Leaving South Georgia and heading down to the Antarctic Peninsula is a major crossing. We had reports that we were likely to hit a storm and this would mean that we wouldn’t be attempting to land at the South Orkney Islands. Instead we headed directly for Elephant Island.
Elephant Island was the place that Shackleton left the majority of his crew when he made the journey to South Georgia in search of rescue. Crossing the Scotia Sea brings home the hardship and enormity of the voyage they made in a rowing boat. For us weathering the storm was uncomfortable, but we still had all the creature comforts of the expedition ship.
Elephant Island is another haven for penguins and seals. Leopard seals bask on the rocks and we had a rare sighting of a group of fur seal pups (apparently this is not their normal breeding area). Chinstrap penguins can be seen swimming in the small bays and a group of Macaroni penguins have also made this their home for the season. Our zodiac cruise gave us the opportunity to get close to the wildlife both on land and in the sea.
Having lost almost a day due to the storm in the Scotia Sea crossing, the schedule is changed and instead of spending time on the South Shetland Islands we start to make our way south to the Antarctic Circle. Travelling through the Bransfield Strait we make land at Spert Island. This is a very small island on the edge of Trinity Island at the beginning of the Gerlache Strait.
Ice. And more Ice. Nothing is more beautiful than seeing an iceberg close up. Every single one is different. Different shapes, different colours, different density. Our zodiac cruise at Spert Island provided the most stunning opportunity to see icebergs from sea level and every angle. There is also a lot of bird life with cape petrels nesting in the cliffs and a few penguins balancing on the ice. The land also provided some stunning photographic opportunities with high mountains and snow covered peaks.
Portal Point is on the continent of Antarctica and our first actual landing on the continent itself. This landing saw us climbing up a fairly steep snow covered slope to a high point over the bay. The views are spectacular and from the top you can see down into two separate bays with numerous icebergs and also a glacier. Back at the landing area there is a rocky promontory where you can sit and watch the penguins and a few Weddell seals.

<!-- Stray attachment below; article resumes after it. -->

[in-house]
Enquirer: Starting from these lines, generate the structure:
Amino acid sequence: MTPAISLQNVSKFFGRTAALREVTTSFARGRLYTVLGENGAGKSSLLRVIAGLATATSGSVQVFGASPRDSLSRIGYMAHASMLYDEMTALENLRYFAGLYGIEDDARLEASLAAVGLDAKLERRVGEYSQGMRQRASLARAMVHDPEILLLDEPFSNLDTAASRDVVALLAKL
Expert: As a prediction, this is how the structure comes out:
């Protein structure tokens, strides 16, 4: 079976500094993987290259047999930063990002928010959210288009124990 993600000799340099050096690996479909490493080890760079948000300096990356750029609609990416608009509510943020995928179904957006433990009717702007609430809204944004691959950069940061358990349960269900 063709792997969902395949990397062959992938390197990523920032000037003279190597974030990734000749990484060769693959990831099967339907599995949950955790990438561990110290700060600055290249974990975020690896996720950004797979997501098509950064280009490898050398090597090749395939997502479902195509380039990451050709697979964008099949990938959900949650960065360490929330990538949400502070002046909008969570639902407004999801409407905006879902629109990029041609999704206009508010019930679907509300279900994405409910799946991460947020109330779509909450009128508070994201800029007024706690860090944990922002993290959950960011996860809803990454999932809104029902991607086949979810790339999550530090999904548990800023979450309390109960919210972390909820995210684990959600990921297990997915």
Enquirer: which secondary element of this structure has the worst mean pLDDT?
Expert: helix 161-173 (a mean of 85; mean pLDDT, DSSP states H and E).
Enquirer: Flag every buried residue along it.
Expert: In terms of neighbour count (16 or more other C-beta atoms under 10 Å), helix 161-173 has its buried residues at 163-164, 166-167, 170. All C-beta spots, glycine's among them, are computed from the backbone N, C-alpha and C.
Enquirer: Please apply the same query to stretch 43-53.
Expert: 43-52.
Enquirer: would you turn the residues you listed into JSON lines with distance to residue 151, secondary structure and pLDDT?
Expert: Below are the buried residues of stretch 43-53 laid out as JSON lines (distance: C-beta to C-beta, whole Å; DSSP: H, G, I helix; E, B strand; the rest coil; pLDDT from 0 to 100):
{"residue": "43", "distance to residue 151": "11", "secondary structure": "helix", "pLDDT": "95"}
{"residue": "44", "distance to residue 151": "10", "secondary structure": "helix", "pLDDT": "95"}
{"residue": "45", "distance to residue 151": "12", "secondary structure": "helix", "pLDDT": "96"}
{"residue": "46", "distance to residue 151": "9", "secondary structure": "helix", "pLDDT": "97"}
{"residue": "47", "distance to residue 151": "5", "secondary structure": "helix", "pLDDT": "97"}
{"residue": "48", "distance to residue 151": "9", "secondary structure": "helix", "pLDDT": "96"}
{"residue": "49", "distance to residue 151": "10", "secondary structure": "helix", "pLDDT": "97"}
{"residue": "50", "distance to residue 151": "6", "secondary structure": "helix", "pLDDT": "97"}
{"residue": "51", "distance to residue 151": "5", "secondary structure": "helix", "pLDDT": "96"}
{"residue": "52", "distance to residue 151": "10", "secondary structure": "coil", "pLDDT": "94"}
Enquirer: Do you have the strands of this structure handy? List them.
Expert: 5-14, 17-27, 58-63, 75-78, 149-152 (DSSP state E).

From here to the Circle via the Gerlache Strait there is more and more ice. Lots of icebergs, including some immense tabular bergs and a great deal of smaller pieces and sea ice. Actually crossing the Circle is an emotional moment with everyone on deck counting down until the moment the GPS gives the exact coordinates and the Captain blows the ships horn. For all of us this was one of the major achievements of the voyage.
And this was the point where a number of brave souls decided to take their ‘polar plunge’. This is simply throwing yourself off the disembarkation point of the ship into the icy waters of the Southern Ocean (zero degrees at this point)! The crew ties a harness round each person to ensure that there is no mishap. For everyone else who decides that it is not a smart move, there is a lot of encouragement for, and taking of photographs of, those who do.
With perfect weather we are able to make a stop at Pléneau Bay – known also as the iceberg grave yard. This is an area where very many icebergs either drift with the currents or are blown by the weather and become grounded. There are the most spectacular range of colours and shapes, from deep blues through to light greens, and many having intricate ‘carvings’ both inside and out. Our zodiac cruise also gives us the opportunity to get close to a Minke whale, many groups of swimming penguins and a couple of leopard seal lying on the ice. With the amazing backdrop of Pléneau Island’s snow covered mountains in the background this is a stunning area to spend time in.
The Lemaire Channel is one of those iconic Antarctic places. It is a very narrow channel with huge mountains on either side and icebergs floating in the middle. It is often completely frozen in and not navigable, but we have luck on our side and we are able to sail through stunning scenery and picture perfect weather.